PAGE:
Food

Uruguay’s addiction: a sacred green substance

Uncountable times I have been stopped at airports all around the world and interrogated by merciless immigration officers who suspect they are in the presence of a vicious and sneaky criminal. So have many of my fellow countryman and woman. We are usually escorted to interrogation rooms, intimidated, obliged to empty our bags and demanded explanations.

The reason is a suspicious green substance we Uruguayans always carry around in our luggage (usually by the kilos), and I’m not talking about cannabis, recently legalized in this country, that’s another story. I’m talking about Yerba Mate. This herb (which does resemble cannabis in its aspect) is sacred and worshipped in this part of the world. It constitutes a strong part of our identity and we just can’t live without it.

Picture: Jackson Carson - Flickr

Picture: Jackson Carson – Flickr

Mate is by far the most typical and consumed beverage in Uruguay. Mate consumption is a firmly established tradition that has its roots deeply embedded in our DNA. Although it is consumed in other parts of the region (mainly Argentina, Paraguay and south Brazil) and also, bizarrely, in other random places like Syria, in Uruguay it reaches a whole new level. We Uruguayans are completely and obsessively Mate dependent.

Mate, an infusion like beverage, which was originally drunken by the Guarani (the pre-Colombian indigenous populations that originally inhabited these lands), basically consists of filling a calabash gourd (known as mate) with dried and grinded Ilex Paraguariensis leaves (know as yerba mate). So we have Mate the beverage, Mate the cup and Yerba Mate the substance. Confusing, I know. Then we stick a silver straw in the equation (called bombilla), we pour very hot water, start sucking, and the ritual begins. Maybe it’s easier to watch how it’s done:

Mate is an extension of the arms of Uruguayans. You can see people of all sorts, ages and characteristics carrying it around under their arms. Businessman and construction workers; high school adolescents and retired grandparents; in parks and shopping centres; it’s all the same. Mate is an inseparable part of our daily lives, an essential component of social interactions and also a warm gesture to greet a friend or a relative. It has many healthy properties and is also a powerful stimulant, due to high quantities of caffeine. This makes it a perfect companion for work and study.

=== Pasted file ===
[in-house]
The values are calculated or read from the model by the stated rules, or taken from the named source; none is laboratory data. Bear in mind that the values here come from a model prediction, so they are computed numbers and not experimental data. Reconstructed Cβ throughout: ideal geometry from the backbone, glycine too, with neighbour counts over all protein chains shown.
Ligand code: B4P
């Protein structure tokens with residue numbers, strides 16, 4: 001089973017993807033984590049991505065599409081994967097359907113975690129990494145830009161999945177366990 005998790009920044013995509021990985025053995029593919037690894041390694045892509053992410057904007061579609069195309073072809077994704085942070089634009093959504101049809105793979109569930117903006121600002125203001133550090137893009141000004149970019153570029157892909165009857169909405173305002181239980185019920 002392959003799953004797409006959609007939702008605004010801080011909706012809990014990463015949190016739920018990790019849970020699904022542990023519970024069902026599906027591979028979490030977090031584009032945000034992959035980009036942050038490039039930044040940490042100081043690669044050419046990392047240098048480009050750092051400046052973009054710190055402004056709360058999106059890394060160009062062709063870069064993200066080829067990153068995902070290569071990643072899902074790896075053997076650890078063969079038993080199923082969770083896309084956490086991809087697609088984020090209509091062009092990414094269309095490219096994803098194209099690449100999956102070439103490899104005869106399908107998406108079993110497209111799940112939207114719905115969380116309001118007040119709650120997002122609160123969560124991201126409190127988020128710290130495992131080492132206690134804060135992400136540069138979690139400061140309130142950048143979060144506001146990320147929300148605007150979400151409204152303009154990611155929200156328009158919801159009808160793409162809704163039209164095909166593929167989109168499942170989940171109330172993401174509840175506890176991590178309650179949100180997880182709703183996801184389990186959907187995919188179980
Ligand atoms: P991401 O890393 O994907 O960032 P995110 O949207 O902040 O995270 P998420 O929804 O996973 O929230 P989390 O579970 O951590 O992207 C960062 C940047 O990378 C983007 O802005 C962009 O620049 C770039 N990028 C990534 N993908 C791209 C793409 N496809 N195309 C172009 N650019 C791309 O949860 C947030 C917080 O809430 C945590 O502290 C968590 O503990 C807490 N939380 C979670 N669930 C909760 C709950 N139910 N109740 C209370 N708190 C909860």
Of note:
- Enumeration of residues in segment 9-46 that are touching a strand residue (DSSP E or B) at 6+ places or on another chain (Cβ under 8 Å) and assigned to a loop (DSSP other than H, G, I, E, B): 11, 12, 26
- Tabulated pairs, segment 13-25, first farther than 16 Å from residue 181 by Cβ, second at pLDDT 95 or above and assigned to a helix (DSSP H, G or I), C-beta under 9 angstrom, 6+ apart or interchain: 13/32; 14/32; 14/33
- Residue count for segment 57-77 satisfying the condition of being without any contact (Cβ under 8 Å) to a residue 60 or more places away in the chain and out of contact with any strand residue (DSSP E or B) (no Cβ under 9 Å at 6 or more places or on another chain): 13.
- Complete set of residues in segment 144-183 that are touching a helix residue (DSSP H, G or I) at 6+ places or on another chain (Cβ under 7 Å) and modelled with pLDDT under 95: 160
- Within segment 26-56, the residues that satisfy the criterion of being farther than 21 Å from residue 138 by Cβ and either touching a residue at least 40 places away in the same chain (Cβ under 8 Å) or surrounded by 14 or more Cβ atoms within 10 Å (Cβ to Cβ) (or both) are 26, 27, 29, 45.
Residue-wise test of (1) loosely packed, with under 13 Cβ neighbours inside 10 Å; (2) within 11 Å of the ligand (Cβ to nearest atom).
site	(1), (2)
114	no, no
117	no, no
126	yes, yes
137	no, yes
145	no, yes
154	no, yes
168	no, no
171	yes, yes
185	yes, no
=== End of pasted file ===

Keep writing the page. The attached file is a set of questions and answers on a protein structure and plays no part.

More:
Picture by Mike Goldstein

Picture by Mike Goldstein – Flickr

Picture: Diana Carbes - Flickr

Picture: Diana Carbes – Flickr

If you ever visit Uruguay you will certainly be surprised by the amount and variety of Mate drinkers you will encounter around its cities. Some visitors can’t stand its bitterness, but if you manage to victoriously overcome this initial rejection and reach the point of enjoying it, you will rapidly become a Mate addict like all of us and contribute to spread the word of this wonderful tradition all over the world.

  1. Thanks for the article Joaquín. Although I must say (and forgive me for this), I haven’t been able to get used to mate’s strong taste yet! It’s definitely a challenge.

  2. Mate i got some maté questions here:
    * The mate cups, are they expensive? And curious to know if there are different gradations of cup styles, like a certain type used by the construction workers, a type for business men,…etc?
    * do you do Mate cocktails (add a bit of Rum for example)?
    My mind is going crazy on the amount of possibilities here 🙂

    • Dear Marc, responding your questions:
      Indeed the possibilities are mind blowing!
      1. They are not expensive and you can get them in any imaginable size and sort, there are even ones that are not made of calabash (you can fin wooden, rubber, etc). There is no gradation acording to different stereotypes, it’s just a matter of taste, and you can find both businessman and construction workers not only driniking in similar Mates, but also sharing one.
      No cocktails are made with Mate, so you have a whole fertile land for entrepreneurship here in Uruguay!

      • I tried anyway what i think to be a variation of Mate in Argentina, the Terere, was quite sweet and refreshing cold drink. Is it common for you as well?

        • Hey Stefano! It’s not common here at all! It’s more of a crime really! You risk getting your hands cut off if you drink sweat and cold Mate here! 😉

          • LOL Joaquin, I was actually afraid could have been some sort of blasphemy to Mate lovers but I’ve been offered and I have to say was nice ;D….will not mention that then when I will visit Uruguay! XD

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Our Correspondent
Cult Uruguay correspondent
Joaquín - Montevideo

Compulsive traveler, manufacturer of melodies, mystery hunter, passionate adventurer, lonely wanderer, novice altitude jumper, sincere composer, student of the transcendental, saloon entertainer, unlimited dreamer, occasional vandal, rummager of the unknown. Born and raised in Montevideo, capital of the small and remote, yet ...

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About Uruguay
About this place

Continent: South America
Capital: Montevideo
Population: 3,477,000
Area: 176,220 km2
Currency: Peso
Languages: Spanish

Time in Montevideo
7:37 am

Weather in Montevideo
  11°c

Distance from you
8,500km